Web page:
Communications: Personal applicants: seeing things from the personal applicant’s viewpoint
A personal applicant (PA) is anyone who chooses to deal with us directly, rather than employing an agent. A PA will generally have less understanding of Inheritance Tax than an agent, but this will not always be the case.
Dealing with PAs differs from solicitors for a variety of reasons
- they do not usually have a detailed knowledge of Inheritance Tax (IHT)
- they are unlikely to understand our procedures, especially our turnaround times
- in many cases they have suffered a recent bereavement, and
- the tax involved is likely to affect them personally
It will help if you can put yourself in their position as much as possible. Try to think about what you would want to know if you were them. You will save a lot of time if you anticipate what PAs are likely to ask and keep them informed. Specifically:
- they need to know why you are taking a particular course of action, and
- how long it will take. If you don’t know how long something will take, say so.
By keeping the PA informed you will reduce the chance of a complaint and may be able to close the file more quickly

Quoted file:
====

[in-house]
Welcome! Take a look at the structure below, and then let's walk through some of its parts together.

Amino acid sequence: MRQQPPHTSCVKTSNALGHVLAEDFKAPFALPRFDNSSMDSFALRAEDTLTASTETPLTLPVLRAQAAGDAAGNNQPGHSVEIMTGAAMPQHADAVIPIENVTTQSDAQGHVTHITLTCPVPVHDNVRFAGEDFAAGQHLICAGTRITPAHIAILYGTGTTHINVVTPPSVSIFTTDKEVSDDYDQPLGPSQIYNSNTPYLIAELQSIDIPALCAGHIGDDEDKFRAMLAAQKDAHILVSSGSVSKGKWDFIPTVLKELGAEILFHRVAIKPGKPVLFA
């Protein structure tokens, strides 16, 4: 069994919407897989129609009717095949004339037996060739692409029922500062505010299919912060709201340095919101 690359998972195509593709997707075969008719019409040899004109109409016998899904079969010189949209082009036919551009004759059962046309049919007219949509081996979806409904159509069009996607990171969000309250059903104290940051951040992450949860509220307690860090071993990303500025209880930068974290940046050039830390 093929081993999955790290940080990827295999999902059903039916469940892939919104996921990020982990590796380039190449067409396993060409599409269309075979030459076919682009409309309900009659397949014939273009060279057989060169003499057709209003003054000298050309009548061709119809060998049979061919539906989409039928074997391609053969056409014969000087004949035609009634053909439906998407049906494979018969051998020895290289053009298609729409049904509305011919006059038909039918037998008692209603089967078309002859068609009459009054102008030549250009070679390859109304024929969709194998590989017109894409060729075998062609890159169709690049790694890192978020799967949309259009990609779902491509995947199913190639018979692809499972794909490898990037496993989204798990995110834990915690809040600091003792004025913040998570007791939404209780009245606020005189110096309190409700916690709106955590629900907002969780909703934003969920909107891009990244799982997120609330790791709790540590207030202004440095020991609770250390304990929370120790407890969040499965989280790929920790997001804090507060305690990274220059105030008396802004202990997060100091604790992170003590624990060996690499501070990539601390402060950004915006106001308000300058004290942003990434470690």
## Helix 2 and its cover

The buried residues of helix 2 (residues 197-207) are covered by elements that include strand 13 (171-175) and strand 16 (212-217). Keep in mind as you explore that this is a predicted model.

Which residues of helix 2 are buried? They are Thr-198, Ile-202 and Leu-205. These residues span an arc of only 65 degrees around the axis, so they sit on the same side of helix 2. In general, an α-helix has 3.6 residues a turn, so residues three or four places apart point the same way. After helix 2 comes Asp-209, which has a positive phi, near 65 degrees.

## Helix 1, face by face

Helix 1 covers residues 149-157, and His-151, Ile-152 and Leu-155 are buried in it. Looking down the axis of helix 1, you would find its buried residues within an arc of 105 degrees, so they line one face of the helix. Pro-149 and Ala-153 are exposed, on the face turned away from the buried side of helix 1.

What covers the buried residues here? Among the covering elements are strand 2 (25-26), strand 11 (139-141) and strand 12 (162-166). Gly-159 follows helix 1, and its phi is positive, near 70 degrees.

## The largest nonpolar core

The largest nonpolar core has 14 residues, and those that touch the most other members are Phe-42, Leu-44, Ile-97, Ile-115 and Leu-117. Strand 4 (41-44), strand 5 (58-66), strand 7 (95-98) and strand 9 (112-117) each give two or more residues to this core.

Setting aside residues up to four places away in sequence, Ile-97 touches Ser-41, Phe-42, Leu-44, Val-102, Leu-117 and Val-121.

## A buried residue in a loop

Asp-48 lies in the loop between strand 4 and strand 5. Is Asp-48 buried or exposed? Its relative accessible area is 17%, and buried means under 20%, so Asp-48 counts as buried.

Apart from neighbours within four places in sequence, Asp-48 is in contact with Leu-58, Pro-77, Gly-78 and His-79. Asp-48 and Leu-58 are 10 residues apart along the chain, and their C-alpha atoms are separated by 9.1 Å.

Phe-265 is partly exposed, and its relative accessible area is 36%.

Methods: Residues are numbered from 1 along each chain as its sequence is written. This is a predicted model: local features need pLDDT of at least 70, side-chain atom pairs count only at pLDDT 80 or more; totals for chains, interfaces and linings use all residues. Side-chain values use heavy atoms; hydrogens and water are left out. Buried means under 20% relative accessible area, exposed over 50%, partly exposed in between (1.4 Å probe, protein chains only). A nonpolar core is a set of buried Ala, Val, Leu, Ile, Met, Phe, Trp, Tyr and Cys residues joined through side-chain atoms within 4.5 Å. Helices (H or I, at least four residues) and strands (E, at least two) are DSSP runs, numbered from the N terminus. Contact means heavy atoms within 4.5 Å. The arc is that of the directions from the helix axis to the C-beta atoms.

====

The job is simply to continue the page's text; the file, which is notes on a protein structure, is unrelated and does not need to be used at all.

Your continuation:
You should tailor your approach to the particular PA you are dealing with. In general you are unlikely to go wrong if you assume a minimal knowledge of IHT but a level of intelligence equivalent to yours
Since the PA is likely to have suffered bereavement you should be sensitive in the way you raise queries and the wording you use. In particular:
- do not refer to ‘the deceased’ but use the relationship between the deceased and the PA if known (for example, ‘your late mother’). If not known use the deceased’s name (for example, ‘the late Mrs ….’), but
- be careful of relationships (for example, the wife of the PA’s late father may not be the PA’s mother but a stepmother).
Remember that the PA may still be grieving and that this may influence their behaviour.